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Sighting Location

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Location: Johnson Space Center, Texas, United States

The following ISS sightings are possible from Friday Apr 19, 2019 through Sunday May 5, 2019

Date Visible Max Height Appears Disappears Share Event
Mon Apr 22, 6:25 AM 1 min 10° 10° above SE 10° above ESE  
Wed Apr 24, 6:17 AM 4 min 35° 10° above SSW 31° above ESE  
Thu Apr 25, 5:28 AM 3 min 16° 11° above SSE 14° above E  
Fri Apr 26, 6:12 AM 5 min 60° 10° above SW 18° above NNE  
Sat Apr 27, 5:23 AM 2 min 55° 34° above SSW 32° above ENE  
Sun Apr 28, 4:35 AM < 1 min 19° 19° above E 15° above E  
Sun Apr 28, 6:08 AM 5 min 20° 10° above W 11° above N  
Mon Apr 29, 5:19 AM 3 min 39° 37° above WNW 13° above NNE  
Tue Apr 30, 4:30 AM < 1 min 28° 28° above NE 19° above NE  
Wed May 1, 5:14 AM 2 min 15° 15° above NW 10° above N  
Thu May 2, 4:25 AM 1 min 17° 17° above N 10° above NNE  
2019-04-22 11:25:00.0,Mon Apr 22, 6:25 AM,1 min,10°,10° above SE,10° above ESE|2019-04-24 11:17:00.0,Wed Apr 24, 6:17 AM,4 min,35°,10° above SSW,31° above ESE|2019-04-25 10:28:00.0,Thu Apr 25, 5:28 AM,3 min,16°,11° above SSE,14° above E|2019-04-26 11:12:00.0,Fri Apr 26, 6:12 AM,5 min,60°,10° above SW,18° above NNE|2019-04-27 10:23:00.0,Sat Apr 27, 5:23 AM,2 min,55°,34° above SSW,32° above ENE|2019-04-28 09:35:00.0,Sun Apr 28, 4:35 AM,< 1 min,19°,19° above E,15° above E|2019-04-28 11:08:00.0,Sun Apr 28, 6:08 AM,5 min,20°,10° above W,11° above N|2019-04-29 10:19:00.0,Mon Apr 29, 5:19 AM,3 min,39°,37° above WNW,13° above NNE|2019-04-30 09:30:00.0,Tue Apr 30, 4:30 AM,< 1 min,28°,28° above NE,19° above NE|2019-05-01 10:14:00.0,Wed May 1, 5:14 AM,2 min,15°,15° above NW,10° above N|2019-05-02 09:25:00.0,Thu May 2, 4:25 AM,1 min,17°,17° above N,10° above NNE|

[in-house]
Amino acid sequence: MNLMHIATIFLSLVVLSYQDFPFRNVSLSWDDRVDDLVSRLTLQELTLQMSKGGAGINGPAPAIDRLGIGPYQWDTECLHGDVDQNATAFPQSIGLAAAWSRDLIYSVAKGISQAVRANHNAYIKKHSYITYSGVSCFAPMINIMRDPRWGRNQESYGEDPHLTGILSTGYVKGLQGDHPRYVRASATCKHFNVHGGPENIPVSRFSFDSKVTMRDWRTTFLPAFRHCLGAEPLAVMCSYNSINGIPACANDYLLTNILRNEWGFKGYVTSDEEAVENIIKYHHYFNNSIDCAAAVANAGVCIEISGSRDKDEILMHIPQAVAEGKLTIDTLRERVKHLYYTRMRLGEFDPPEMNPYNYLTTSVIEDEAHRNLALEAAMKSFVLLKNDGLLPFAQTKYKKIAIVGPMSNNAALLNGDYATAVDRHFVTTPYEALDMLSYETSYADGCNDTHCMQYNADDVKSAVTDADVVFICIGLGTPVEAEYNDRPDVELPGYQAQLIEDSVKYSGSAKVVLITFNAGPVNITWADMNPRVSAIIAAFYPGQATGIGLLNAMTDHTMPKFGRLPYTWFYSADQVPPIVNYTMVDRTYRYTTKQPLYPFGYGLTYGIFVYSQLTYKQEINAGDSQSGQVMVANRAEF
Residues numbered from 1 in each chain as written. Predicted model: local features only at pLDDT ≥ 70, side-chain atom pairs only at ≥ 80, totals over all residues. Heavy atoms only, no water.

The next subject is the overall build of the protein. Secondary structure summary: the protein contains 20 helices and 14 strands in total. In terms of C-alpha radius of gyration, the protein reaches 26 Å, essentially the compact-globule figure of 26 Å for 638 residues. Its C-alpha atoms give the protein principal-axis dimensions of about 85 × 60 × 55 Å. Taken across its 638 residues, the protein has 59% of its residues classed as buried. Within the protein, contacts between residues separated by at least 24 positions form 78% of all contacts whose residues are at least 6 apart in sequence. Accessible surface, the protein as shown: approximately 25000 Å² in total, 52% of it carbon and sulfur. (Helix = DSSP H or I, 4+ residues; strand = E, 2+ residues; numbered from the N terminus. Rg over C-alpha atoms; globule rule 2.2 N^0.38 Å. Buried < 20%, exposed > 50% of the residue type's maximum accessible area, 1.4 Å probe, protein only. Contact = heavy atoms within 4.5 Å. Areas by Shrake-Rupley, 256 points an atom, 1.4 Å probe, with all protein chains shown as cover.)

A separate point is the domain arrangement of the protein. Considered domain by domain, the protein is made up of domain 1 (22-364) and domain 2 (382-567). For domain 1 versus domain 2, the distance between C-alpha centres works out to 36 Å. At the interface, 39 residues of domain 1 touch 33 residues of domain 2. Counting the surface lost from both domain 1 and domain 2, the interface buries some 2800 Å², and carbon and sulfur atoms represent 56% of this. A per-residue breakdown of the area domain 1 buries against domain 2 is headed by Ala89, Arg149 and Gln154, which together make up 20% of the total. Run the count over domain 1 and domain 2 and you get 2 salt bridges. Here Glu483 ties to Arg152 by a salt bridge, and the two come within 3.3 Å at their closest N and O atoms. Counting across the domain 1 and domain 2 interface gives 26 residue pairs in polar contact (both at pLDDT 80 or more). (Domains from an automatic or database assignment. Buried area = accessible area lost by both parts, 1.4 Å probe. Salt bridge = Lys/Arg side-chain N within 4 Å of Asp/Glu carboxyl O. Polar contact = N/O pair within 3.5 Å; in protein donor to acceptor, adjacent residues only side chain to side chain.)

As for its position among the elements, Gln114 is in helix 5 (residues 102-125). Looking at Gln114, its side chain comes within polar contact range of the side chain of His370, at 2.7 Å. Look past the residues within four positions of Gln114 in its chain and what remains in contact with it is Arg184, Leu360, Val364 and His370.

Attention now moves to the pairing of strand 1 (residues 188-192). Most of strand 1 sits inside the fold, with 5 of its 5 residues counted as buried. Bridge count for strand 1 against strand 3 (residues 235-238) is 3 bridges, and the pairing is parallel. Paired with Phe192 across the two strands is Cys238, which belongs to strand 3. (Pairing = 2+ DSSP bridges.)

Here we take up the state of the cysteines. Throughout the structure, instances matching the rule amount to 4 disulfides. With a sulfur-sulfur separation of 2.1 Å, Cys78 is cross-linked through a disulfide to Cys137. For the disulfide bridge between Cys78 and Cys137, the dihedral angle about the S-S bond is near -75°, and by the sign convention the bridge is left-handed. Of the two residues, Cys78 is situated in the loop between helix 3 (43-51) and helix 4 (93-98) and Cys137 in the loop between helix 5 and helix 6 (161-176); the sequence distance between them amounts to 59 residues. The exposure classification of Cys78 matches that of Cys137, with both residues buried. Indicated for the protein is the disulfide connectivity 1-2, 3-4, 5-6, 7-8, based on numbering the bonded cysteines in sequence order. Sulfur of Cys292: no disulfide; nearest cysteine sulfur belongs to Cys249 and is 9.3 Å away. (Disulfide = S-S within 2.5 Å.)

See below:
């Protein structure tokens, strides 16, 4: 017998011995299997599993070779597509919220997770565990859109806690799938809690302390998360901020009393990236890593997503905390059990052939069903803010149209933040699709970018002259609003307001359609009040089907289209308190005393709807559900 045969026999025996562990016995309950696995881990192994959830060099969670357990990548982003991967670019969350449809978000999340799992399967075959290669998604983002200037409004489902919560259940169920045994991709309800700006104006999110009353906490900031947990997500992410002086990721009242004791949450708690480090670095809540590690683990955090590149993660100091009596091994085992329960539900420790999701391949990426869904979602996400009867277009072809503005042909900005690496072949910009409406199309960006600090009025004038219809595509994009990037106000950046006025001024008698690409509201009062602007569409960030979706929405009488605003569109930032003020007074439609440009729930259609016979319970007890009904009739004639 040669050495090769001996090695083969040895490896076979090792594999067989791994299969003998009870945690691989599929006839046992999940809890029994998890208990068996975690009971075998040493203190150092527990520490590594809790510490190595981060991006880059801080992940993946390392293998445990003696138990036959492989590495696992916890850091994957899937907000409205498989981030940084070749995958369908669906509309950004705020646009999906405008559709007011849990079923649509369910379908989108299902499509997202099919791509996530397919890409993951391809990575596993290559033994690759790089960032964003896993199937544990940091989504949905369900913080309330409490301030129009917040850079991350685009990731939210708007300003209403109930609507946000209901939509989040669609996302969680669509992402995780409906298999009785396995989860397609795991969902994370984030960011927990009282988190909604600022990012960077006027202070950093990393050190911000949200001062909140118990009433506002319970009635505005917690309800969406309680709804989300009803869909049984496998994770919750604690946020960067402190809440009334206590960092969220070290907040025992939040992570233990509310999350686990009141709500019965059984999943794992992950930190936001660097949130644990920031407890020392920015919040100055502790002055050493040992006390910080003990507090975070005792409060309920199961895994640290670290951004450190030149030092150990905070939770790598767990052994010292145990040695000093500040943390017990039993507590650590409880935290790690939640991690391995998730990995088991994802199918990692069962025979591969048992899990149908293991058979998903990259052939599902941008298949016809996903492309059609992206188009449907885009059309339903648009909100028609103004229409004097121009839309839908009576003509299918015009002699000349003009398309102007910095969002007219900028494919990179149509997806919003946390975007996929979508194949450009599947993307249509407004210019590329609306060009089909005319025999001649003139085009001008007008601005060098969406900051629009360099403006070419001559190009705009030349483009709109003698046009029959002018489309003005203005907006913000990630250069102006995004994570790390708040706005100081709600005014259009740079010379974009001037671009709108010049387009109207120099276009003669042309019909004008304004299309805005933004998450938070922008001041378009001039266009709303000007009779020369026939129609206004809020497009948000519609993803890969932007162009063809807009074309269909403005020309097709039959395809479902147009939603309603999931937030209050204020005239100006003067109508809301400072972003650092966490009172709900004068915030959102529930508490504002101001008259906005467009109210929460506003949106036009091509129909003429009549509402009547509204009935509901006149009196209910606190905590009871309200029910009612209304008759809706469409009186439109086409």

The space station looks like an airplane or a very bright star moving across the sky, except it doesn’t have flashing lights or change direction. It will also be moving considerably faster than a typical airplane (airplanes generally fly at about 600 miles per hour; the space station flies at 17,500 miles per hour).

Below is a time-lapse photo of the space station moving across the sky.

The International Space Station is seen in this 30 second exposure as it flies over Elkton, VA early in the morning, Saturday, August 1, 2015. Photo Credit: NASA/Bill Ingalls The International Space Station is seen in this 30 second exposure as it flies over Elkton, VA early in the morning, Saturday, August 1, 2015. Photo Credit: NASA/Bill Ingalls

Visit the NASA Johnson Flickr Photostream

How do I Spot The Station?

What does all this sighting information mean?

Time is when the sighting opportunity will begin in your local time zone. All sightings will occur within a few hours before or after sunrise or sunset. This is the optimum viewing period as the sun reflects off the space station and contrasts against the darker sky.

Visible is the maximum time period the space station is visible before crossing back below the horizon.

Max Height is measured in degrees (also known as elevation). It represents the height of the space station from the horizon in the night sky. The horizon is at zero degrees, and directly overhead is ninety degrees. If you hold your fist at arm’s length and place your fist resting on the horizon, the top will be about 10 degrees.

Appears is the location in the sky where the station will be visible first. This value, like maximum height, also is measured in degrees from the horizon. The letters represent compass directions -- N is north, WNW is west by northwest, and so on.

Disappears represents where in the night sky the International Space Station will leave your field of view.

Astronomical Horizon